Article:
Emerging InfectionsSeries Editor:
- John Gallin
- Anthony Fauci
- Richard Krause
Emerging Infections is a reprint of the inaugural volume of the thematic serial, Biomedical Research Reports Series that provides annual updates on hot topics of interest to a broad spectrum of the biomedical research community. This volume provides state-of-the-art reviews of the most important "new" and reemerging bacterial, viral, and parasitic infections, their life cycles, host defense evasion strategies, and clinical features. Emerging Infections includes in-depth coverage of the history of infectious disease outbreaks, population and evolutionary biology of human pathogens, and current epidemiological models that describe how ecological and demographic changes produce new epidemics. The book covers the major established pathogens as well as the new and sensational--mad cow disease, hantavirus pulmonary syndrome, pathogenic E-coli, and flesh-eating bacteria.
Basic and clinical researchers in immunology, microbiology, infectious disease, and public health.
Paperback, 513 Pages
Published: June 2000
Imprint: Academic Press
"...a splendid collection of essays, all of them good science and full of information, surprise, and thrill... well written and well edited..."
Praise for the casebound book, --BRITISH MEDICAL JOURNAL
"...highly recommended in that it provides the reader with an easy-to-read, yet detailed look into the leading emerging infectious diseases of the twentieth century."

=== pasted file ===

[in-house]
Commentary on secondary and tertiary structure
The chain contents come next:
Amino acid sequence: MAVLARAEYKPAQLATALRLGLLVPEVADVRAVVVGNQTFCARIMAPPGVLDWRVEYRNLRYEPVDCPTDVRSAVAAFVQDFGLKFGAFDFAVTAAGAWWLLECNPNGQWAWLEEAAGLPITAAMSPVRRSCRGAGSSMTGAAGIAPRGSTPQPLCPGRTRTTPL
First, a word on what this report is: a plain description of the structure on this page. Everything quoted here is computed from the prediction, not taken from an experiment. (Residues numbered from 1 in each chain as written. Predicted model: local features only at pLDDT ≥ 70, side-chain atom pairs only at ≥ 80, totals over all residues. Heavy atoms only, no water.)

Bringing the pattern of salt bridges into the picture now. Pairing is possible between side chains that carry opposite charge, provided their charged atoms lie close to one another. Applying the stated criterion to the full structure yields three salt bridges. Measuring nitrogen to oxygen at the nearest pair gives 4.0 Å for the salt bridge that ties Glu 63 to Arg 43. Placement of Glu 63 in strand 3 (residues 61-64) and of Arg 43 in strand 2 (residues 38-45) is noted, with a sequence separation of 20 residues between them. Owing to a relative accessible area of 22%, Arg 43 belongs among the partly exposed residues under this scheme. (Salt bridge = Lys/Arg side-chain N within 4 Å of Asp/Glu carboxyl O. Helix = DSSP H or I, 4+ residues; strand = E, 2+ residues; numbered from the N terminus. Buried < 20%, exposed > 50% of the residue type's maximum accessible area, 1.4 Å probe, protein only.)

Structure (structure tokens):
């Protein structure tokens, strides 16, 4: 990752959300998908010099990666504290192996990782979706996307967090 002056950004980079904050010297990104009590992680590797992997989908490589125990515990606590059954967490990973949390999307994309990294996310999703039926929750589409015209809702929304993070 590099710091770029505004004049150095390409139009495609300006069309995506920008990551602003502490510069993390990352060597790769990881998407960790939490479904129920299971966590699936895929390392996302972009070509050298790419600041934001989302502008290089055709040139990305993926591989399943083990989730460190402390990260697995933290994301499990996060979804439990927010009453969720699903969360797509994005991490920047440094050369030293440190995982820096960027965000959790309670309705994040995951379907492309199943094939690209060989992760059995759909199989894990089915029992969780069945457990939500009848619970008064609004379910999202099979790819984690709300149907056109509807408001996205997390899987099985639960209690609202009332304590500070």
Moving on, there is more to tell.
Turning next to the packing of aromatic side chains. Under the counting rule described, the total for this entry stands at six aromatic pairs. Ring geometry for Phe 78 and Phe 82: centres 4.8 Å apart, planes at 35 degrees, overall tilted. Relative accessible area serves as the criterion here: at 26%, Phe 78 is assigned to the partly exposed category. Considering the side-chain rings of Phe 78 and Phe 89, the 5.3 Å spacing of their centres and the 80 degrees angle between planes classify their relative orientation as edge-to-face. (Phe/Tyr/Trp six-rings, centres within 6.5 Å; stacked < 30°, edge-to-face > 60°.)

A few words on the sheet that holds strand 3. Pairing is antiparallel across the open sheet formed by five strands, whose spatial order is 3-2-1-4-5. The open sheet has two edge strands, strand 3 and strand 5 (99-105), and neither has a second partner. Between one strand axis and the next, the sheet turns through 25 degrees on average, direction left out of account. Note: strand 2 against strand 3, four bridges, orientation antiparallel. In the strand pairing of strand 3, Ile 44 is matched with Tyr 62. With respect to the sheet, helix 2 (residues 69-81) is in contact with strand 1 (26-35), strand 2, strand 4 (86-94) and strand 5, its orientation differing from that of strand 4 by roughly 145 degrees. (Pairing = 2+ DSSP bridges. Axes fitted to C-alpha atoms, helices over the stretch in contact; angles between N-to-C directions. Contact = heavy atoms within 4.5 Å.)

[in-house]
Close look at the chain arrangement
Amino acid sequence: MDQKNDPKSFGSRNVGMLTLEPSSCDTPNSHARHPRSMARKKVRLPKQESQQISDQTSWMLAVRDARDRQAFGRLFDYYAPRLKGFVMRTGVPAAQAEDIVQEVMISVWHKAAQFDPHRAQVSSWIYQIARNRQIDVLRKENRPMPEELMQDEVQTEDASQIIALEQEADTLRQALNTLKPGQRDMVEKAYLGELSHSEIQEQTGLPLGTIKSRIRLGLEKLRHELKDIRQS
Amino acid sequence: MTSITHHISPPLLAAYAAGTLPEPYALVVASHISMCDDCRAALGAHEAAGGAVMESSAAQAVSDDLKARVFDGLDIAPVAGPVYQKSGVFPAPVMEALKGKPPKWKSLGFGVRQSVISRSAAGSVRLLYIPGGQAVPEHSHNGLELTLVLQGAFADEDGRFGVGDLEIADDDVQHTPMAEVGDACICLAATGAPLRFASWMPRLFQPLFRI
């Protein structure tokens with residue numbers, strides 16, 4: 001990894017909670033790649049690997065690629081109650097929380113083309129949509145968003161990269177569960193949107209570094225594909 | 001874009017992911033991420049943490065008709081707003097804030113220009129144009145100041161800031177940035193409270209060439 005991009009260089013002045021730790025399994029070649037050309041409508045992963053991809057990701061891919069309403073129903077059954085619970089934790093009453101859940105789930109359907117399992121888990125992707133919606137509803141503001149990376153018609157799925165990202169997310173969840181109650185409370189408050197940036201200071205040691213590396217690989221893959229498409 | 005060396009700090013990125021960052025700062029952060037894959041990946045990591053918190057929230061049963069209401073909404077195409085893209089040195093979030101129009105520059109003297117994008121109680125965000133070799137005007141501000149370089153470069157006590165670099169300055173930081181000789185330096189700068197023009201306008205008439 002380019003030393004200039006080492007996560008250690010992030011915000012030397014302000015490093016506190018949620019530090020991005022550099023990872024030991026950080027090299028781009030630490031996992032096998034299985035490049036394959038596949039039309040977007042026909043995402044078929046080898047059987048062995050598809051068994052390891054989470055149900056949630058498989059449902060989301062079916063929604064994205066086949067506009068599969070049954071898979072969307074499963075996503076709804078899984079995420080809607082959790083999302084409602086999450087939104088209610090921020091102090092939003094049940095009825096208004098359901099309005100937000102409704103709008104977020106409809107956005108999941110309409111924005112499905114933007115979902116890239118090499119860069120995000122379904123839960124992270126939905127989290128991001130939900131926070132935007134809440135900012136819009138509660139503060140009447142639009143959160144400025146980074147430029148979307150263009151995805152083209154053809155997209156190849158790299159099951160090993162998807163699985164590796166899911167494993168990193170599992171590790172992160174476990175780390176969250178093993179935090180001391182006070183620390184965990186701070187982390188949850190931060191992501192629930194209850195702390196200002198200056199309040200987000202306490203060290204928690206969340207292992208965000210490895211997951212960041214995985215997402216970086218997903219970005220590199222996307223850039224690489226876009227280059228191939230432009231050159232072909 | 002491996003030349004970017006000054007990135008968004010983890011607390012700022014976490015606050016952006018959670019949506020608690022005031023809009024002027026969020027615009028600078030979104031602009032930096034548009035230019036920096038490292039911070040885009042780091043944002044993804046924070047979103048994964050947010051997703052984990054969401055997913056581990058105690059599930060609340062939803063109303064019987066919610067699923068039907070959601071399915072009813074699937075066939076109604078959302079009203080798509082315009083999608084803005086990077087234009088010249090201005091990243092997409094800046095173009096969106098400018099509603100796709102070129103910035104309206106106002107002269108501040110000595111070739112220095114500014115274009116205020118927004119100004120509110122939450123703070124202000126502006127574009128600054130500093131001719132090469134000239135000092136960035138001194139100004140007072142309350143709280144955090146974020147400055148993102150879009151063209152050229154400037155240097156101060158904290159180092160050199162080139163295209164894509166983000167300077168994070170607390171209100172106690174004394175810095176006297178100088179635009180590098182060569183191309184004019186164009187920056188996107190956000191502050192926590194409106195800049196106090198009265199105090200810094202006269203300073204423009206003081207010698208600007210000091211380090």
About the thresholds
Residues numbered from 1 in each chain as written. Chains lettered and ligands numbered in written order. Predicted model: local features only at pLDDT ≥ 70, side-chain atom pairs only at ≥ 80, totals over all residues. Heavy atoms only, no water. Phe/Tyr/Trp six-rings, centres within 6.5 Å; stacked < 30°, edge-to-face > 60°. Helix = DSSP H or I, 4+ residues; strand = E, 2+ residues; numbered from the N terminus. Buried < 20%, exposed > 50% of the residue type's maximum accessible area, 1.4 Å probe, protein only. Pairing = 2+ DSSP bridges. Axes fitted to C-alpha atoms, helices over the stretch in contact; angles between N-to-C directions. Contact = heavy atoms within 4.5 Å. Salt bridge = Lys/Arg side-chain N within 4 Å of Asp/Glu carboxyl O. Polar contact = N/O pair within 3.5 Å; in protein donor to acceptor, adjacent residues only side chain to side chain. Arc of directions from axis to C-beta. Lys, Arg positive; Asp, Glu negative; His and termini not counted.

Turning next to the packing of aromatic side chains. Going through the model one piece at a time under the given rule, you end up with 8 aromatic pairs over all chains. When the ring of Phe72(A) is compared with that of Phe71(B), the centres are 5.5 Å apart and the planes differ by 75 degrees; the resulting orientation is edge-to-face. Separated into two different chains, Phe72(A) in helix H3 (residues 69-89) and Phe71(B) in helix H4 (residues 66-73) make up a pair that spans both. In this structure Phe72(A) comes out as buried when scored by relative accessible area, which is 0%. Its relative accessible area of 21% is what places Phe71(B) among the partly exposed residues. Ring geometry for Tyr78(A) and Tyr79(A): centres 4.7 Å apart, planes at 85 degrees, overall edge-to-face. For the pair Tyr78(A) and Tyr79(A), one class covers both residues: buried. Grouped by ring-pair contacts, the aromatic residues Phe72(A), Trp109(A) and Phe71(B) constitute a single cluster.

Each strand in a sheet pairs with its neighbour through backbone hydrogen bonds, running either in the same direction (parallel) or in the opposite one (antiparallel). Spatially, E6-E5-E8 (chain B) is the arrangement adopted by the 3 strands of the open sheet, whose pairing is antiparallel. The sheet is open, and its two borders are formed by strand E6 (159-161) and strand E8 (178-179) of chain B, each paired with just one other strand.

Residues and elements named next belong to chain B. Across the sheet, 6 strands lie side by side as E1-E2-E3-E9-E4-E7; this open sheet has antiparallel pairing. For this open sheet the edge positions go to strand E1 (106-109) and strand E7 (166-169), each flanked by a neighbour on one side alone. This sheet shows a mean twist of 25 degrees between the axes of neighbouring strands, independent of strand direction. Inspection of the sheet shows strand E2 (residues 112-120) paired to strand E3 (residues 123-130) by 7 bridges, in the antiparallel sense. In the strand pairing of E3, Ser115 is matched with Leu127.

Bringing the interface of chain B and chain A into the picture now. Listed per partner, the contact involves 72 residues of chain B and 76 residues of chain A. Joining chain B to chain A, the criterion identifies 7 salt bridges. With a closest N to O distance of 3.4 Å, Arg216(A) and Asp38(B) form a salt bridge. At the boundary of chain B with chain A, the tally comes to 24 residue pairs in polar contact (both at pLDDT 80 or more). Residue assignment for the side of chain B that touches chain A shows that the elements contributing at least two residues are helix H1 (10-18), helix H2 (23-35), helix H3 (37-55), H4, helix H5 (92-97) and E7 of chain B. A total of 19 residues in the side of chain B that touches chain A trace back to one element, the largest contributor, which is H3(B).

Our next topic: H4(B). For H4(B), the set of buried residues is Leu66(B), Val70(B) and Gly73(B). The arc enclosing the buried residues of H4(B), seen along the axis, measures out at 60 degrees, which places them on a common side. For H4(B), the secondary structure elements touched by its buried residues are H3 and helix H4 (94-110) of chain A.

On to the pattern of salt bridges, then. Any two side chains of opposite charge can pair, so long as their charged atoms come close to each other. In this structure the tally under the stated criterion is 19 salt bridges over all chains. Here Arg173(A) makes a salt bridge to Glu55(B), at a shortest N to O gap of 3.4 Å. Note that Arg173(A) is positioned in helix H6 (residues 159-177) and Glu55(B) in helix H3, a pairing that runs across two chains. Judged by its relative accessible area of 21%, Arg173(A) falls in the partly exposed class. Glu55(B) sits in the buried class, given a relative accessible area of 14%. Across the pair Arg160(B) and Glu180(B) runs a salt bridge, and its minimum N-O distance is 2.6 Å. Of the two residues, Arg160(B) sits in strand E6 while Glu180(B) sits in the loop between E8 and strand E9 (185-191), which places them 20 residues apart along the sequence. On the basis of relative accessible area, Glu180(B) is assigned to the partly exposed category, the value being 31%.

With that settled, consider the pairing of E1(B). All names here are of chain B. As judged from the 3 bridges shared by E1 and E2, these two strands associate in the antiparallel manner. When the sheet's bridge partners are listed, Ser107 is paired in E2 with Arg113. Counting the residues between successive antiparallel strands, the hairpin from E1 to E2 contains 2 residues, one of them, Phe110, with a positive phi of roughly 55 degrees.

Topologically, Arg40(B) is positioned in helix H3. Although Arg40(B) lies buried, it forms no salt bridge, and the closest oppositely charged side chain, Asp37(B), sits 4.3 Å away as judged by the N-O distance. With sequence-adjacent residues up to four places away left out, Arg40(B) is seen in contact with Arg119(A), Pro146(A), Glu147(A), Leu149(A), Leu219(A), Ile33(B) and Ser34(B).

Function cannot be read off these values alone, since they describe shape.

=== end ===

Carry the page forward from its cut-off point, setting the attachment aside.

"This is an outstanding first volume in a new series entitled Biomedical Research Reports that contains comprehensive articles from eminent international researchers that discuss major new and reemerging pathogens... Each topic is current and well written and has an extensive and recent list of citations. Figures and tables appropriately reinforce the text. As a whole, this volume offers a concise, detailed overview of the continuing evolution of infectious diseases... This book is highly recommended as a comprehensive and important text for any university or departmental library collection, as well as the personal libraries of individuals who work with infectious diseases in either the research or clinical care setting."
--DOODY'S PUBLISHING REVIEWS